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Safeguarding

At Montessori Academy, safeguarding our students is paramount. We are dedicated to fostering a safe and inclusive learning environment, committed to protecting the welfare of all students, regardless of race, religion, ability, gender, or culture. This page offers a transparent view of our comprehensive safeguarding policy and commitment.

Our Commitment to Safeguarding

Our safeguarding approach, rooted in each student’s right to safety and protection, focuses on advocating for student welfare, ensuring school safety, and fostering a secure environment. We collaborate with parents and professionals, always guided by the principle of acting in the best interests of all students.

We strive to create a safe, thriving environment, maintain robust safety systems in school, and enhance staff awareness on safeguarding. We provide clear protocols for handling child protection issues and prioritize open communication with students, parents, and stakeholders for a well-understood safeguarding approach.

Safeguarding Policy

Our safeguarding policy, accessible here and as a download, details our dedication to child protection and welfare. It defines key terms, outlines staff responsibilities, and reiterates our proactive approach to student safety.

Montessori Academy (MAB) recognizes its role in safeguarding children as our primary concern. All staff of the school are considered by Washington state law as ‘mandated reporters’ who must report any and all allegations of abuse that are shared with them. In holding this responsibility for our students, MAB staff adhere to the following basic principles to maintain the safety of our students.

  • A child’s welfare is paramount and each student has the right to be protected from harm and exploitation and to have their welfare safeguarded irrespective of race, religion, ability, gender, or culture.
  • All students need to be safe and feel safe in school.
  • Every student is entitled to a rich and broad curriculum that helps to equip them to keep themselves safe.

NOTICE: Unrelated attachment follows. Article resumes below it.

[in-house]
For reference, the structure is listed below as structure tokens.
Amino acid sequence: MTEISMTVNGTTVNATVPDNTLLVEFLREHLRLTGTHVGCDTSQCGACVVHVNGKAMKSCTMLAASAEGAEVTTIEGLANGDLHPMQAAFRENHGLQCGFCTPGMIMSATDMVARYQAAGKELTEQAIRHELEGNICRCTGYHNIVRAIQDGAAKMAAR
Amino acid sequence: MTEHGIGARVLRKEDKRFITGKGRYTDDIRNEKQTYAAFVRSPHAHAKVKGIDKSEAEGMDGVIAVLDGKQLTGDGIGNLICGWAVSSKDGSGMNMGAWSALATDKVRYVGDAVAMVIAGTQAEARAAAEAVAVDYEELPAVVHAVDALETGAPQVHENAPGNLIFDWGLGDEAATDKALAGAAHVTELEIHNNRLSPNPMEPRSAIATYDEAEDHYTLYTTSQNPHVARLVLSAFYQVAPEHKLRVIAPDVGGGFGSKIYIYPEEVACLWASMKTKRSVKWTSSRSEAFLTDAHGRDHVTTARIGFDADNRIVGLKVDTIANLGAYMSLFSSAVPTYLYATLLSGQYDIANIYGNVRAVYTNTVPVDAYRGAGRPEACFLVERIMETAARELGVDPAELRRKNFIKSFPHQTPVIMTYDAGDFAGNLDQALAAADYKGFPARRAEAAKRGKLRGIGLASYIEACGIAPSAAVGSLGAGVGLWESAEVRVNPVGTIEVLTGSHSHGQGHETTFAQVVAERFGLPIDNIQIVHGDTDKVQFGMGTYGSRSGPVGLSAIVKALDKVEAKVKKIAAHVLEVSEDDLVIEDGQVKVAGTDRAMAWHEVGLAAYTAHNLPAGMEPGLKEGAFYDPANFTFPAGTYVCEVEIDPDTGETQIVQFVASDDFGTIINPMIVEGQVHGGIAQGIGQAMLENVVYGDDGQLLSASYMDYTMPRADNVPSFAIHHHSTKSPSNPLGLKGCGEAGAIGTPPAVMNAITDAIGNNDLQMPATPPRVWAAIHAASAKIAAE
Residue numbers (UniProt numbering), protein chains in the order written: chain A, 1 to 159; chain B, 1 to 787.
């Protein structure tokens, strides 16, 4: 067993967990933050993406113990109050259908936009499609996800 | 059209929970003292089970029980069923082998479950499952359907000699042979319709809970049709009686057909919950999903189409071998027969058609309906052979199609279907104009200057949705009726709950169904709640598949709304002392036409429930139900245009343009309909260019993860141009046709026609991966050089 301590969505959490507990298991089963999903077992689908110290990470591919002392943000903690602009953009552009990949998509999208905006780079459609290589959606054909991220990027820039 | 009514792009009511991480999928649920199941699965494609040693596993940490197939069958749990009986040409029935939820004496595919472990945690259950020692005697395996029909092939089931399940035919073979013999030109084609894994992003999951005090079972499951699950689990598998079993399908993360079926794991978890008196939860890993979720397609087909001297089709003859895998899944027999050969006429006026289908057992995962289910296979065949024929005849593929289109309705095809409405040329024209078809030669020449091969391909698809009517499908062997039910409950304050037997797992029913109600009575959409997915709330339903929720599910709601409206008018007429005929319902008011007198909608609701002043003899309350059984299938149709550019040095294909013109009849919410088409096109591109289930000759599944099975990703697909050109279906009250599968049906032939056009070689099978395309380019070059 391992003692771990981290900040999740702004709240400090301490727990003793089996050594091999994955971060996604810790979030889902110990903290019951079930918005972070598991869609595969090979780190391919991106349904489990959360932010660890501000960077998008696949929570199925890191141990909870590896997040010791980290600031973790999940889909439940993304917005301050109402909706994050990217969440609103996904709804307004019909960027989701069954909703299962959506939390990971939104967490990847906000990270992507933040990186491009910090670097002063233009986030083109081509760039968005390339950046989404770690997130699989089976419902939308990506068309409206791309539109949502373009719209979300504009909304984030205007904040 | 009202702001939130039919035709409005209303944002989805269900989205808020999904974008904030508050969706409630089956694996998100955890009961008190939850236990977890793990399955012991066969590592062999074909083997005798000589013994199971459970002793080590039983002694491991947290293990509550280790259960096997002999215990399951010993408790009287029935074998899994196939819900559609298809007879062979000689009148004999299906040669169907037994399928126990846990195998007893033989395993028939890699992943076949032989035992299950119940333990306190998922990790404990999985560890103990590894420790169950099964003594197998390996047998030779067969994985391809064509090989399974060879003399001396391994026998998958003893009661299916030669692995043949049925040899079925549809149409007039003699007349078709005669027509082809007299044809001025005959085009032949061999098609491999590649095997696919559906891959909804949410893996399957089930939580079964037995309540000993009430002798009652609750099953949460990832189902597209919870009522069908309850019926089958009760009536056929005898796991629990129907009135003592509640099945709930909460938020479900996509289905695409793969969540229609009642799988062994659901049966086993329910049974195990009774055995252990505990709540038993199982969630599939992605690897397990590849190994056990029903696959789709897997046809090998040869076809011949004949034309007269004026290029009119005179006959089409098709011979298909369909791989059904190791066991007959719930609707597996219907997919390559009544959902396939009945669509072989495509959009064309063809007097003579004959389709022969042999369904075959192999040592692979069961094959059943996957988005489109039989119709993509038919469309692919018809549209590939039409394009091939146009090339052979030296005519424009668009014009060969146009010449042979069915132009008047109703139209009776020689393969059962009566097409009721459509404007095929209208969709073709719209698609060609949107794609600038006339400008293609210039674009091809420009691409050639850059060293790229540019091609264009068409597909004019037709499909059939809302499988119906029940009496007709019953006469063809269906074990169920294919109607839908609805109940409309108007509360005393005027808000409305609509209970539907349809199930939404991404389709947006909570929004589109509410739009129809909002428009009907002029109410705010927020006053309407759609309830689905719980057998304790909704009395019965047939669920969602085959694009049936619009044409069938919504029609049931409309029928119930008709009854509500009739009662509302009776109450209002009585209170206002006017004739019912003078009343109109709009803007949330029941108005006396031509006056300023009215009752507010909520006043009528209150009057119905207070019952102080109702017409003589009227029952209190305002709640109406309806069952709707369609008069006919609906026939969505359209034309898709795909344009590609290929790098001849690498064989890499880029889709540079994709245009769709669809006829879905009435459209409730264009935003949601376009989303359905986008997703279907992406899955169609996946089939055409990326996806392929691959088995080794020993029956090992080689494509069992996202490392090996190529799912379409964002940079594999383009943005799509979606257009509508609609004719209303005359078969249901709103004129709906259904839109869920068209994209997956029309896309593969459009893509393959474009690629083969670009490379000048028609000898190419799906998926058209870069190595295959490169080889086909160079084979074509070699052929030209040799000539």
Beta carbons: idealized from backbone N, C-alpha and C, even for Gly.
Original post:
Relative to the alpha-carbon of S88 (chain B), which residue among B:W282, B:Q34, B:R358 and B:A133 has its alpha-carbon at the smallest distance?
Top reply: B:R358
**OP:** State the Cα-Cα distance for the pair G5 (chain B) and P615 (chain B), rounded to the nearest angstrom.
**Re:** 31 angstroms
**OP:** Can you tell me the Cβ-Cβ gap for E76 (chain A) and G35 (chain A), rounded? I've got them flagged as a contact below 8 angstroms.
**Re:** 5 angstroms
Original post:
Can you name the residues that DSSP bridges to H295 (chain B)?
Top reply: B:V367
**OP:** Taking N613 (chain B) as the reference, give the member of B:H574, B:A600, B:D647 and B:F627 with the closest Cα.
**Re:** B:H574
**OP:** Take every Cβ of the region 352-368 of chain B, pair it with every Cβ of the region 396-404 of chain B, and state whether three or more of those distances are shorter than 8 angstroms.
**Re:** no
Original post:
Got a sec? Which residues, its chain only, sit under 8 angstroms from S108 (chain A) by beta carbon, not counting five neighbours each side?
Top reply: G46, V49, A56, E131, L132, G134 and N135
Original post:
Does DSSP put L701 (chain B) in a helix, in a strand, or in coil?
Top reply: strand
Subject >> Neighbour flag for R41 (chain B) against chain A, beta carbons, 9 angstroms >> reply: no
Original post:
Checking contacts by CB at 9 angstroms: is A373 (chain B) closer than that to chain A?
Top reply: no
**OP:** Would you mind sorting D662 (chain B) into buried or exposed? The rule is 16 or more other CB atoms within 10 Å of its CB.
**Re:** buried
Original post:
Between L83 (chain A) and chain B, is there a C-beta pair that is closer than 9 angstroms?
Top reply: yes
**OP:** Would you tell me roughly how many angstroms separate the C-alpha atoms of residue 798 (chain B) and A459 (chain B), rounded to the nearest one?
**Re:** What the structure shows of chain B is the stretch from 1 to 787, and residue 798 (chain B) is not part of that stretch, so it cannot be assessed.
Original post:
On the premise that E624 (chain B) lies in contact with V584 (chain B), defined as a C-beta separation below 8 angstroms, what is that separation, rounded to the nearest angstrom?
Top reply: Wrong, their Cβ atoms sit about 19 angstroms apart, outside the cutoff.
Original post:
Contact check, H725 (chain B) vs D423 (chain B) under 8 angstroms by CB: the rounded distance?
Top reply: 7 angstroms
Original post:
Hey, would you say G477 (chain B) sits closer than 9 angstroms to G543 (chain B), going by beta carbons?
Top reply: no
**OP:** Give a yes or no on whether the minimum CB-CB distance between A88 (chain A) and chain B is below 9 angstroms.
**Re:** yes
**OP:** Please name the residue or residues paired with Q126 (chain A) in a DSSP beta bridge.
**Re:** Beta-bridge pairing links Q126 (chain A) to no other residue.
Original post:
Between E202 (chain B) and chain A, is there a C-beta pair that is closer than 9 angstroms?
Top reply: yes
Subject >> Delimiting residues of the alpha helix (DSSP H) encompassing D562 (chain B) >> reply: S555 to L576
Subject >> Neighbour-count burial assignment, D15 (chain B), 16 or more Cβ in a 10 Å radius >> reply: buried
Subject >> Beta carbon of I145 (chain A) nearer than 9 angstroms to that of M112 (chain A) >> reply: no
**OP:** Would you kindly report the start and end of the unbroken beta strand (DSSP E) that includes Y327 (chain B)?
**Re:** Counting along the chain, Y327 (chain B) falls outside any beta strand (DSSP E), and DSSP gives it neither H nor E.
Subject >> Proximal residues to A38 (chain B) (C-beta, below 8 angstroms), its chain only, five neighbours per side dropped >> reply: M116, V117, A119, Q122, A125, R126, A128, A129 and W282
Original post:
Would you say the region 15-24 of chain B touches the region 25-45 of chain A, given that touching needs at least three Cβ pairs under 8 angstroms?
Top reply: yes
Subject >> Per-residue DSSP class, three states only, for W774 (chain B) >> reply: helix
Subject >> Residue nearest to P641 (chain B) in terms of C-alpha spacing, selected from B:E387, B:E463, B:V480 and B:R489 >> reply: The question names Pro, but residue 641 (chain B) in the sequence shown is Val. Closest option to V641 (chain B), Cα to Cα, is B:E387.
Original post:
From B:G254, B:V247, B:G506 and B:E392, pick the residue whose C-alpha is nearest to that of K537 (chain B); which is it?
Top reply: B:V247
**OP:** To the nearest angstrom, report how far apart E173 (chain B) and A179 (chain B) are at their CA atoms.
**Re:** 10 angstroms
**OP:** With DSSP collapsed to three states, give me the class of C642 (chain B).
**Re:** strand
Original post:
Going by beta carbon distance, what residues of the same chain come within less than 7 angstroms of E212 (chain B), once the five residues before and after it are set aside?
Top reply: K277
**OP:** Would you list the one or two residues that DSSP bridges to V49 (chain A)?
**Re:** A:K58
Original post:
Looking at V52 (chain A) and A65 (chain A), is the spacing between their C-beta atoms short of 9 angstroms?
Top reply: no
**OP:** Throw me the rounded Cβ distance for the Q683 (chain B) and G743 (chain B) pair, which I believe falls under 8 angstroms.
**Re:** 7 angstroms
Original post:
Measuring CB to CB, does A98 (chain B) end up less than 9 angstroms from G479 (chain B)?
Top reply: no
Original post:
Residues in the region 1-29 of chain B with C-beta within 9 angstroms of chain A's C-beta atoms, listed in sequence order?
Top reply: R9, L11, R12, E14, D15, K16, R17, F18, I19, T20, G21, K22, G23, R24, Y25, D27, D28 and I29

• Every adult in school must have a demonstrable commitment to protecting the students with/for whom we work.
  • Every adult in school must have a demonstrable commitment to protecting the students with/for whom we work.
  • We work in partnership with parents/guardians and/or other professionals to ensure the protection of our students.
  • Our guiding principle throughout is always to act in the best interest of all students.

Our school aims to:

  • Provide a world class, safe and happy environment to enable students to thrive and learn.
  • Outline the systems and processes we all take to ensure that students remain safe at school.
  • Raise awareness to all staff of safeguarding/child protection issues, and define their roles and responsibilities in reporting possible cases of abuse.
  • Identify students who are suffering, or likely to suffer harm.
  • Ensure effective communication between all staff on child protection/safeguarding issues.
  • Set effective procedures for staff/volunteers or third party individuals who encounter any issues in relation to child protection/safeguarding to follow.
  • Be clear with all parties, including students and their parents/carers, regarding our approach to safeguarding and child protection, through the provision of clear policies.
This policy will be endorsed and adopted at the highest levels, both in our school and in the International Schools Partnership organization. The policy is both created in partnership with and approved by the ISP Group Health & Safety Director. This policy is to be applied to any partner organization or agency with unsupervised access to children and young people through their work in our school, as well as any contracted organization working on our school site.

Safeguarding: Safeguarding and promoting the welfare of children refers to the processes of protecting students from harm, preventing the impairment of their health and development, ensuring that we seek to improve the general health and wellbeing of all students in our care and enabling every student to have the optimum life chances and transition from their time at MAB successfully.

Child Protection: Child Protection is the core element of safeguarding and is defined as the responsibility to protect children who are suffering or likely to suffer from harm as a result of abuse or neglect.

Purpose of Policy: If our school’s preventative work around safeguarding issues is not appropriate or extensive enough, students identified as being a concern may move to being identified as at risk of significant harm. It may be necessary to then employ outside agencies or support to best serve such a child. Although other factors outside of the school’s control may influence a child in this regard, the purpose of the policy is to work proactively to ensure that we take whatever measures possible to avoid this as much as possible.